This keeps resources focused on taking actions that matter, and being
able to monitor results.
Step 5: Driving innovation
The greatest returns are obtained when organisations combine the
voice-of-the-customer, customer experience measurement, and ad hoc customer feedback to drive innovation and change throughout the business.
Building on the continuous improvement capability described above, this approach
can identify new opportunities to provide value to customers and even inspire the introduction
of new products and services and new business models. The customer-tuned enterprise is one that adopts strategies, frameworks and
disciplines to capture customer insight and turn it into management actions
that bring measurable benefits to the organisation and its customers.
Baseline questions your leadership team needs to get answered
It’s a tough challenge to change the discussion throughout an organisation from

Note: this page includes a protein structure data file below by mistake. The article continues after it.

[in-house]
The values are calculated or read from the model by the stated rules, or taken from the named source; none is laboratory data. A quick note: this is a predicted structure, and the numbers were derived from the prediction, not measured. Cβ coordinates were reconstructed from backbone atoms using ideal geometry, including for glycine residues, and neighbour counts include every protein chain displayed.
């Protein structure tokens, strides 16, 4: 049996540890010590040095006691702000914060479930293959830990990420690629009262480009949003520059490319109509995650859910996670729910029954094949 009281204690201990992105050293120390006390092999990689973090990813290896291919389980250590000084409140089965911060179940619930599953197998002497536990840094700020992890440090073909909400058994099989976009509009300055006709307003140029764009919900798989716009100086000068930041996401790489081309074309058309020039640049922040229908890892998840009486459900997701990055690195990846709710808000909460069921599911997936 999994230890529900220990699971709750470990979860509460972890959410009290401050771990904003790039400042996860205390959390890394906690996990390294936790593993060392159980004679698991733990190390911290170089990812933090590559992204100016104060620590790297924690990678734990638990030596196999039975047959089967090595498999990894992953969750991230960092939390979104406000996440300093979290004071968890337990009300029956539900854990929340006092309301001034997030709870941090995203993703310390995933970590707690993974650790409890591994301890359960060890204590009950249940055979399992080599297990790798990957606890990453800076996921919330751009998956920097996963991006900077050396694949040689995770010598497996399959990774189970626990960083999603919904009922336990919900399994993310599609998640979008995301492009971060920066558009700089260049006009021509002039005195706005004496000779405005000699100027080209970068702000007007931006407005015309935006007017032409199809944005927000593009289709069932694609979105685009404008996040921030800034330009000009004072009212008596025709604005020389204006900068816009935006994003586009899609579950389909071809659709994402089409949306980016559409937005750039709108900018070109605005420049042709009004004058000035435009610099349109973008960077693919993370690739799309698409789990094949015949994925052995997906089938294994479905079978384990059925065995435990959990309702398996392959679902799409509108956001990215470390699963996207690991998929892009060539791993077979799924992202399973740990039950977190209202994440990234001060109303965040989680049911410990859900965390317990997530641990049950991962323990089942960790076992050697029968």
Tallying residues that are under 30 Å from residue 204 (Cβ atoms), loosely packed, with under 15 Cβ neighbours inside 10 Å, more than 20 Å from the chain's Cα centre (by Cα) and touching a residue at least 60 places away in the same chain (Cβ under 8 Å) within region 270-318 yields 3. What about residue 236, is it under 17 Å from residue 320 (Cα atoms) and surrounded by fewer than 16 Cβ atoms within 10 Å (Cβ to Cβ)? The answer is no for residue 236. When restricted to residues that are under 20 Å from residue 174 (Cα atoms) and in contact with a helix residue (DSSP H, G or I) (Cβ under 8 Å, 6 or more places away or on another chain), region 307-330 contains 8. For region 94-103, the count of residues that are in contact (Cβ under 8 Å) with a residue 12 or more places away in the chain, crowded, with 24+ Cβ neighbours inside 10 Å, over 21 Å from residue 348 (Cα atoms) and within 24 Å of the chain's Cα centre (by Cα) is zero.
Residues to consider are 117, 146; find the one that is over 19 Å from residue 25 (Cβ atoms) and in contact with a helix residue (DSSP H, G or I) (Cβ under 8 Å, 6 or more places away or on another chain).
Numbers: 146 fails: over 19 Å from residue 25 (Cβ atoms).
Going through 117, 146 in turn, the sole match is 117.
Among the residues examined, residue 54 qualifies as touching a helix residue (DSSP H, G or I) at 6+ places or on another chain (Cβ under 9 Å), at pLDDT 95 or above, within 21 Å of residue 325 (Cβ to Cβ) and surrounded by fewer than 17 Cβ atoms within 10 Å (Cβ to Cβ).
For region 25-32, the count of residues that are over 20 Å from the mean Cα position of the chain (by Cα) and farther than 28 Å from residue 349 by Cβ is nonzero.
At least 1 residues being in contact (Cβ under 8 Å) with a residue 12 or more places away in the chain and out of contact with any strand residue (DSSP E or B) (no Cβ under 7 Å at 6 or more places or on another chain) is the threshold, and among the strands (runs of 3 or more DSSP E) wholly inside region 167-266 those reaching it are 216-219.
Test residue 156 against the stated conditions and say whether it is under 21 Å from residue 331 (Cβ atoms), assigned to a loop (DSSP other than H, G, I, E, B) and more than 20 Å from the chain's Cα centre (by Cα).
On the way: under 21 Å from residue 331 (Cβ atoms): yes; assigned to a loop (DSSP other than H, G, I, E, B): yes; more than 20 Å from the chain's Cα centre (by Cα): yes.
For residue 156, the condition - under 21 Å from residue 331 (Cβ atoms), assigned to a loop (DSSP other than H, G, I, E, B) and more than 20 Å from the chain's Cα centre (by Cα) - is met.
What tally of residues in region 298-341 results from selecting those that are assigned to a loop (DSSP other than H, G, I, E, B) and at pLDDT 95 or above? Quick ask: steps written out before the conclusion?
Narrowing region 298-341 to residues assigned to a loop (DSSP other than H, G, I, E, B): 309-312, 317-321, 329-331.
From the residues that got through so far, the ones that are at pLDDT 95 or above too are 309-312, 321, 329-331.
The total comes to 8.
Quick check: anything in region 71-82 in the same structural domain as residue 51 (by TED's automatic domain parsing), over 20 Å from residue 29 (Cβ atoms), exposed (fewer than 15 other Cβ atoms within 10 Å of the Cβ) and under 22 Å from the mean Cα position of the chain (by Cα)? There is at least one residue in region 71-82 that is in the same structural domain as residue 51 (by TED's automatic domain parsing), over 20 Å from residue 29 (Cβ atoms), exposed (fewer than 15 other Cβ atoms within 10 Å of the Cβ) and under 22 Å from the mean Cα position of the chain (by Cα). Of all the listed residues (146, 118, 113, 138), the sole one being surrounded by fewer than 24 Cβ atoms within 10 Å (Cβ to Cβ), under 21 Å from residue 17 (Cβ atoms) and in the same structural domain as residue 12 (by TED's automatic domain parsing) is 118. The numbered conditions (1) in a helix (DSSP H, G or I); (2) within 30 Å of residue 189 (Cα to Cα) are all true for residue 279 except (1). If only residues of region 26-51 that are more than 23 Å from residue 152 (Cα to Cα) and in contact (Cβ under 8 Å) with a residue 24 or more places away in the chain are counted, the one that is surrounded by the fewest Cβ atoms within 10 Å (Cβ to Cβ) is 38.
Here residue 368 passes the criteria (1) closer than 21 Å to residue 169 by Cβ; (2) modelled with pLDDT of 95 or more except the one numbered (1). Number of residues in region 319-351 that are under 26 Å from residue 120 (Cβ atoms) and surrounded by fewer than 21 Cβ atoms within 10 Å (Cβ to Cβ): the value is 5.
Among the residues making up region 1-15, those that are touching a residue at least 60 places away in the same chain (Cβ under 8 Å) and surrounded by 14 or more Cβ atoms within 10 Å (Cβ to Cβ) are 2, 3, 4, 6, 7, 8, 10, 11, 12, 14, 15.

one of reassuringly obscure “numbers”, to one of accountability and “taking action”.
Most senior management teams already have a strong instinct that
customer experience is important, but many lack the baseline
measurements to back-up the financial benefits and risks, and set
meaningful priorities for change.
By establishing a financially-driven customer experience
baseline, and getting the answers to some important questions, the
discussion at all levels of the organisation soon shifts to priorities for improvement, innovation,
value-creation, and potential returns on investment.
Get a copy of our practice guide and put the maturity path to the test.
Check how many
of these important questions you can already answer for your leadership team.